p53 is a tumor suppressor gene that has been implicated in a number of important cellular processes, including DNA repair and apoptosis. Genomic damage in human keratinocytes caused by ultraviolet B (UVB) irradiation has been shown to induce both apoptosis and p53 expression. We have previously observed that p53 expression in cultured normal human keratinocytes is predominantly perinuclear; however, exposure of cells to UVB radiation induces a major shift of p53 expression to the nucleus. Using terminal deoxynucleotidyl transferase-mediated deoxyuridine triphosphate nick end- labeling, internucleosomal DNA ladders and flow cytometry, we correlated observed changes in p53 expression with the induction of apoptosis at low, intermediate and high doses of UVB radiation. High doses of UVB radiation induced cells to undergo apoptosis, whereas UVB radiation at low doses did not induce apoptosis but appeared to stimulate repair of the DNA damage induced by UVB radiation. Intermediate doses of UVB radiation induced a heterogeneous population of cells to undergo either DNA repair or apoptosis. The level of UVB radiation dose also influenced the induced cellular localization of p53. These observed differences in p53 cellular localization correlated with the induction of DNA repair or apoptosis. In cells undergoing apoptosis, p53 protein was found within the blebs of the degenerating nuclei. Our data give support to increasing evidence that p53 may play a role in both the repair of UV-radiation-induced DNA damage and the induction of apoptosis, and may function as a central control checkpoint in response to UVB- radiation-induced DNA damage.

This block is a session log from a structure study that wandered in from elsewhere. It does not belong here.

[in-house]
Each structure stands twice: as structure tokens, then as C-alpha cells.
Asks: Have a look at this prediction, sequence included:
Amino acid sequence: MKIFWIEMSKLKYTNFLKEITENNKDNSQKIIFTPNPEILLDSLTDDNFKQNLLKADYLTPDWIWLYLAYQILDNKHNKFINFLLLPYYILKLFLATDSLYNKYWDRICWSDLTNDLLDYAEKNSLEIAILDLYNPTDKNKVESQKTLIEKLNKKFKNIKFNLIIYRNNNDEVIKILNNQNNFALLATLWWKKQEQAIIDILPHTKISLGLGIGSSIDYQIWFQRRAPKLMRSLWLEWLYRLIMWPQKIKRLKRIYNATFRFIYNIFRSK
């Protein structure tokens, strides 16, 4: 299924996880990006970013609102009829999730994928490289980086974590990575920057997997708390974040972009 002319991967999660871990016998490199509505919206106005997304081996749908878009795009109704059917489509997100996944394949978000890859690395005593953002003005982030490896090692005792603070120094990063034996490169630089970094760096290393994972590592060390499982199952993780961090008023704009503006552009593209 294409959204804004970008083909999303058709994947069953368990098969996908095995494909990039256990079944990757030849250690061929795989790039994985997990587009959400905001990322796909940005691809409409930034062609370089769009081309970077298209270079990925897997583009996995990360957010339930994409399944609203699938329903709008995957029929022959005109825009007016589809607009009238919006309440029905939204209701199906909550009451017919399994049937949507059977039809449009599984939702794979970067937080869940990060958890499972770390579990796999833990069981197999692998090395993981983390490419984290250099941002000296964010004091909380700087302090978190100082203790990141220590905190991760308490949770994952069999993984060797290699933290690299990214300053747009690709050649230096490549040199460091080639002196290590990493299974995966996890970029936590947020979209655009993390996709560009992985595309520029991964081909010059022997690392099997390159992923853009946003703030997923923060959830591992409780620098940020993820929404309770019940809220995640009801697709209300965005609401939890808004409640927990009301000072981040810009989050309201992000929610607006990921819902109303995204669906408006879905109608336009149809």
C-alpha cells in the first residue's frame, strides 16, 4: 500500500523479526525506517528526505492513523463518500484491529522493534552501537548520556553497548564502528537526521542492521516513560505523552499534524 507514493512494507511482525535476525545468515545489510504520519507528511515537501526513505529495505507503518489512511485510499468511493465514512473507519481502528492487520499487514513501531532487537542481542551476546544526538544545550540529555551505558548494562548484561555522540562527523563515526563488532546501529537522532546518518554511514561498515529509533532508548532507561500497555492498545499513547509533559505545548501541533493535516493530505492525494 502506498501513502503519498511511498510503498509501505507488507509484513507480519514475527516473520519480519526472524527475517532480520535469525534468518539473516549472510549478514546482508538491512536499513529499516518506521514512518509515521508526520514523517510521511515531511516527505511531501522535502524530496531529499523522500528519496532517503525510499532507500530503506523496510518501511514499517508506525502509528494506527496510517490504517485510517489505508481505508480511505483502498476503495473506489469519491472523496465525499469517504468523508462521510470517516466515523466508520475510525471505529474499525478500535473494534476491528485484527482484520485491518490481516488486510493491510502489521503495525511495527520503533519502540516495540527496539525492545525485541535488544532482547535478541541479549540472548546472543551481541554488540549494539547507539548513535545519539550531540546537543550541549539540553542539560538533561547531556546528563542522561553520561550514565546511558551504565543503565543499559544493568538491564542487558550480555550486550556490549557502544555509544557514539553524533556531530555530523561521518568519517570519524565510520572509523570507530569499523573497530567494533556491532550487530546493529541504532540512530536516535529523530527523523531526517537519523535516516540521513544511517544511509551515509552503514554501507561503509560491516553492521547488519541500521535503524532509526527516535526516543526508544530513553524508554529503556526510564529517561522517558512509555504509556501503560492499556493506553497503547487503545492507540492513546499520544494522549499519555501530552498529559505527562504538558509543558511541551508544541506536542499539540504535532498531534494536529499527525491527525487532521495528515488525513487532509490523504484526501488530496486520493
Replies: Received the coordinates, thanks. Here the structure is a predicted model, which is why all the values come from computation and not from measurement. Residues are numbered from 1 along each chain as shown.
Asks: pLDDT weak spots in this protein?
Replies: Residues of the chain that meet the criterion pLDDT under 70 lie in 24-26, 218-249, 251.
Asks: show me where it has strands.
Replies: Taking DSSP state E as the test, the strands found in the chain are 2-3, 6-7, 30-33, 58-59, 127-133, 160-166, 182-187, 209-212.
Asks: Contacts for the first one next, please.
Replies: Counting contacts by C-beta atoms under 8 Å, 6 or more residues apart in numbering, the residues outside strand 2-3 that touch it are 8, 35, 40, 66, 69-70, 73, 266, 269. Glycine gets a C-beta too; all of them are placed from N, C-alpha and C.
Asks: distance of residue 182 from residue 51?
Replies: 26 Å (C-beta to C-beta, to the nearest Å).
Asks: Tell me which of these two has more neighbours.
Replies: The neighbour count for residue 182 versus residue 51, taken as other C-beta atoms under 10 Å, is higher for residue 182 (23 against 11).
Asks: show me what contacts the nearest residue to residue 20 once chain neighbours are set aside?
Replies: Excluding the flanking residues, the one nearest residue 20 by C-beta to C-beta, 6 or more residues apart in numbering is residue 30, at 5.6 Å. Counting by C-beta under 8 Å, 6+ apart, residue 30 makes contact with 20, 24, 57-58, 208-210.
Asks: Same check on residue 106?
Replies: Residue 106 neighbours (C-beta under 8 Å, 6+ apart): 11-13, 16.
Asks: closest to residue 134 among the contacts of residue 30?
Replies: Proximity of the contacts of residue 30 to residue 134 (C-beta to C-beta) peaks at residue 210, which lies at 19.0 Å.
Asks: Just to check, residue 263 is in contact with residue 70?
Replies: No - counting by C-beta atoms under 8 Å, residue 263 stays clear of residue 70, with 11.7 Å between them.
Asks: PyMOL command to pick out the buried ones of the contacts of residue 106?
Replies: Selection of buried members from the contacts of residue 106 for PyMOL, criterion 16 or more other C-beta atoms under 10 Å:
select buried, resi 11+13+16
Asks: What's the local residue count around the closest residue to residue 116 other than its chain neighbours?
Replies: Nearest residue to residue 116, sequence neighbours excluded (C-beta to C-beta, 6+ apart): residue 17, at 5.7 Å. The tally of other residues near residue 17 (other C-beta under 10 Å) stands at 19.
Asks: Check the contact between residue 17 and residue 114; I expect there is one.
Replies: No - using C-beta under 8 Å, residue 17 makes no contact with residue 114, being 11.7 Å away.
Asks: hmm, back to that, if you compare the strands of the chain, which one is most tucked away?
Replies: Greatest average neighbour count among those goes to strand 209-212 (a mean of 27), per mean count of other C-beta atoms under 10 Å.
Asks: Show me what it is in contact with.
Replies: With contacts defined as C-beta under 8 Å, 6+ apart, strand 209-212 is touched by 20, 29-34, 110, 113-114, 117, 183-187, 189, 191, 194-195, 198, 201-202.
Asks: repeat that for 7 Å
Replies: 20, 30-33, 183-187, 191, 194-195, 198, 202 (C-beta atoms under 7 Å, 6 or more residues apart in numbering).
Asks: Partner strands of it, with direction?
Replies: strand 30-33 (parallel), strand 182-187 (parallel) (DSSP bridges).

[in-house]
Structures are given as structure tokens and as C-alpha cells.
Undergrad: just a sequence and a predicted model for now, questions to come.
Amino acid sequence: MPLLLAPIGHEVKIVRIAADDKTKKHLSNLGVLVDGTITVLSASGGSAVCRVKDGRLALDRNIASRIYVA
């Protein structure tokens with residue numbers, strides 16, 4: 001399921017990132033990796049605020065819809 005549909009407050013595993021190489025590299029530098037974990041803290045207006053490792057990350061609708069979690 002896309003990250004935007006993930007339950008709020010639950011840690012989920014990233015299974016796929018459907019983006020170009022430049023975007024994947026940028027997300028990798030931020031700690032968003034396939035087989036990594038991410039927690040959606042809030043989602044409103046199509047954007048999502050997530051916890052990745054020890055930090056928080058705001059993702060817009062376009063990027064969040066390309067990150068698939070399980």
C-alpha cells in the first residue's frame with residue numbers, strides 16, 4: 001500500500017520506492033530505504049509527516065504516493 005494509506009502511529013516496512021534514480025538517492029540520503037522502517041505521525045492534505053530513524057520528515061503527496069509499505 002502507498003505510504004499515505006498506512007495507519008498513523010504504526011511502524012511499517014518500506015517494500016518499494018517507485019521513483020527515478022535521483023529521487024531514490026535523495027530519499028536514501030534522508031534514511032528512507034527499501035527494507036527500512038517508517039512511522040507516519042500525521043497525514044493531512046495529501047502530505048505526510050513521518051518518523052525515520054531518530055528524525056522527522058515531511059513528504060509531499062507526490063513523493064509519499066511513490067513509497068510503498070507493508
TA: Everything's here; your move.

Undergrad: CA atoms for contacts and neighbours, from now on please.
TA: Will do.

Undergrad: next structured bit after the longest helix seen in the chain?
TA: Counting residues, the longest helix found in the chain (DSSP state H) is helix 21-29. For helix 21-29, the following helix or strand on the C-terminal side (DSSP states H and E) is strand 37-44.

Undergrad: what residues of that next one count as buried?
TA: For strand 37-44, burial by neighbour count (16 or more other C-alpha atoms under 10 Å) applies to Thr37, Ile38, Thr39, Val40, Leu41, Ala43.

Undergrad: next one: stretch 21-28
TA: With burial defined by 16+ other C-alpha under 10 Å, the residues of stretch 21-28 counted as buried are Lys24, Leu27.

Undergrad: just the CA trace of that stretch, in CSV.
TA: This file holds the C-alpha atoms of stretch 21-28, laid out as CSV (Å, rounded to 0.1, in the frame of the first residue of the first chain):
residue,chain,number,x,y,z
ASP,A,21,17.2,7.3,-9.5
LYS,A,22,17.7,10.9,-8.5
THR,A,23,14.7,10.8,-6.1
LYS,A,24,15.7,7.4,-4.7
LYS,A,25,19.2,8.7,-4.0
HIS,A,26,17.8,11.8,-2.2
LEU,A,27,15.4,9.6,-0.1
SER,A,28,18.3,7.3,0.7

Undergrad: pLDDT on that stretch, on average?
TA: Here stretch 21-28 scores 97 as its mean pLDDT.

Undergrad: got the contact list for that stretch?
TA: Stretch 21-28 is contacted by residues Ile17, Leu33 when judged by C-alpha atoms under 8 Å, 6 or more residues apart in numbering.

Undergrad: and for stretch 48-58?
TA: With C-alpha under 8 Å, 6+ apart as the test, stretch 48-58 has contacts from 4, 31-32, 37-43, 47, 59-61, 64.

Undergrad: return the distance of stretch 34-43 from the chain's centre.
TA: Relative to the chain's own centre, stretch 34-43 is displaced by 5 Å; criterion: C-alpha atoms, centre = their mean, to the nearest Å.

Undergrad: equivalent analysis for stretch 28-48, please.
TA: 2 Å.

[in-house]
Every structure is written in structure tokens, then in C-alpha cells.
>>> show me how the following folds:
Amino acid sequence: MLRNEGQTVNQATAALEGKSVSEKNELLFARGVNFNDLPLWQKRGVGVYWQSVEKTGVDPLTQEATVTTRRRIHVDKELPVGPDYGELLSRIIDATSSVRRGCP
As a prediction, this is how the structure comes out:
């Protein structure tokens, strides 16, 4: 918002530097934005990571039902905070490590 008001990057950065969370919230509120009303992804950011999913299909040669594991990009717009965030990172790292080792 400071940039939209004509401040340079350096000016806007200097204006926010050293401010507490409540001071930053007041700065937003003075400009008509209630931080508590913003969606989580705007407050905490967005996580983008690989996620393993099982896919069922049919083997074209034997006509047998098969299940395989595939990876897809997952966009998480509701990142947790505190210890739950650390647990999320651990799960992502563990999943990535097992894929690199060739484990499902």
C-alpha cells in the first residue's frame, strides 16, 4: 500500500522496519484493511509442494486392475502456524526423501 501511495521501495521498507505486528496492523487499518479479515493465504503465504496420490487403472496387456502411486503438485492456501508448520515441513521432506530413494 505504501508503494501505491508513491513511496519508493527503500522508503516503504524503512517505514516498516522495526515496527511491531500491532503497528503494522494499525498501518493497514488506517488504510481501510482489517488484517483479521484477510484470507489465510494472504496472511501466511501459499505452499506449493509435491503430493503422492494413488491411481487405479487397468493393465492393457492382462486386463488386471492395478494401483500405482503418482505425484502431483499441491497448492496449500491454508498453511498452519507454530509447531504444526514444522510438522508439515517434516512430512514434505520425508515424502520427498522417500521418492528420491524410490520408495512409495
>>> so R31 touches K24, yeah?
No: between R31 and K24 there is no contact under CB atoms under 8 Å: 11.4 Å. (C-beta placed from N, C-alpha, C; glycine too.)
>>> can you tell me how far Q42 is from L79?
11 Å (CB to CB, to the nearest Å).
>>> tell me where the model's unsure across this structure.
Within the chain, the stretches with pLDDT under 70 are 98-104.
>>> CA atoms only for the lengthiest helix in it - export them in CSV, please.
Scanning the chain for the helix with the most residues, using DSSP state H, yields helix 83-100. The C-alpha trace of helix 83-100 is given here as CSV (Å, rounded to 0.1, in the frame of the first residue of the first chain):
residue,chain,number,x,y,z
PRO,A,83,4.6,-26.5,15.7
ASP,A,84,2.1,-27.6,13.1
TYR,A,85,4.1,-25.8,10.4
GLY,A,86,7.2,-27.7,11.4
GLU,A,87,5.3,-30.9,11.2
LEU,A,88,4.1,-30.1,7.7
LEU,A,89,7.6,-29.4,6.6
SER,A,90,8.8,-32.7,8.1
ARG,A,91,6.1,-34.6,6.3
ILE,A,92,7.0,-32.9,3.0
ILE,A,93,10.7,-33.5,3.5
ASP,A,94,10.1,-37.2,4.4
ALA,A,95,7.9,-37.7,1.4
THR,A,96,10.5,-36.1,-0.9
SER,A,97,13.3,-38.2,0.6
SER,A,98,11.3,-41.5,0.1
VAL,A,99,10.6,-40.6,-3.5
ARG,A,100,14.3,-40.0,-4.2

ASJC Scopus subject areas
- Radiology Nuclear Medicine and imaging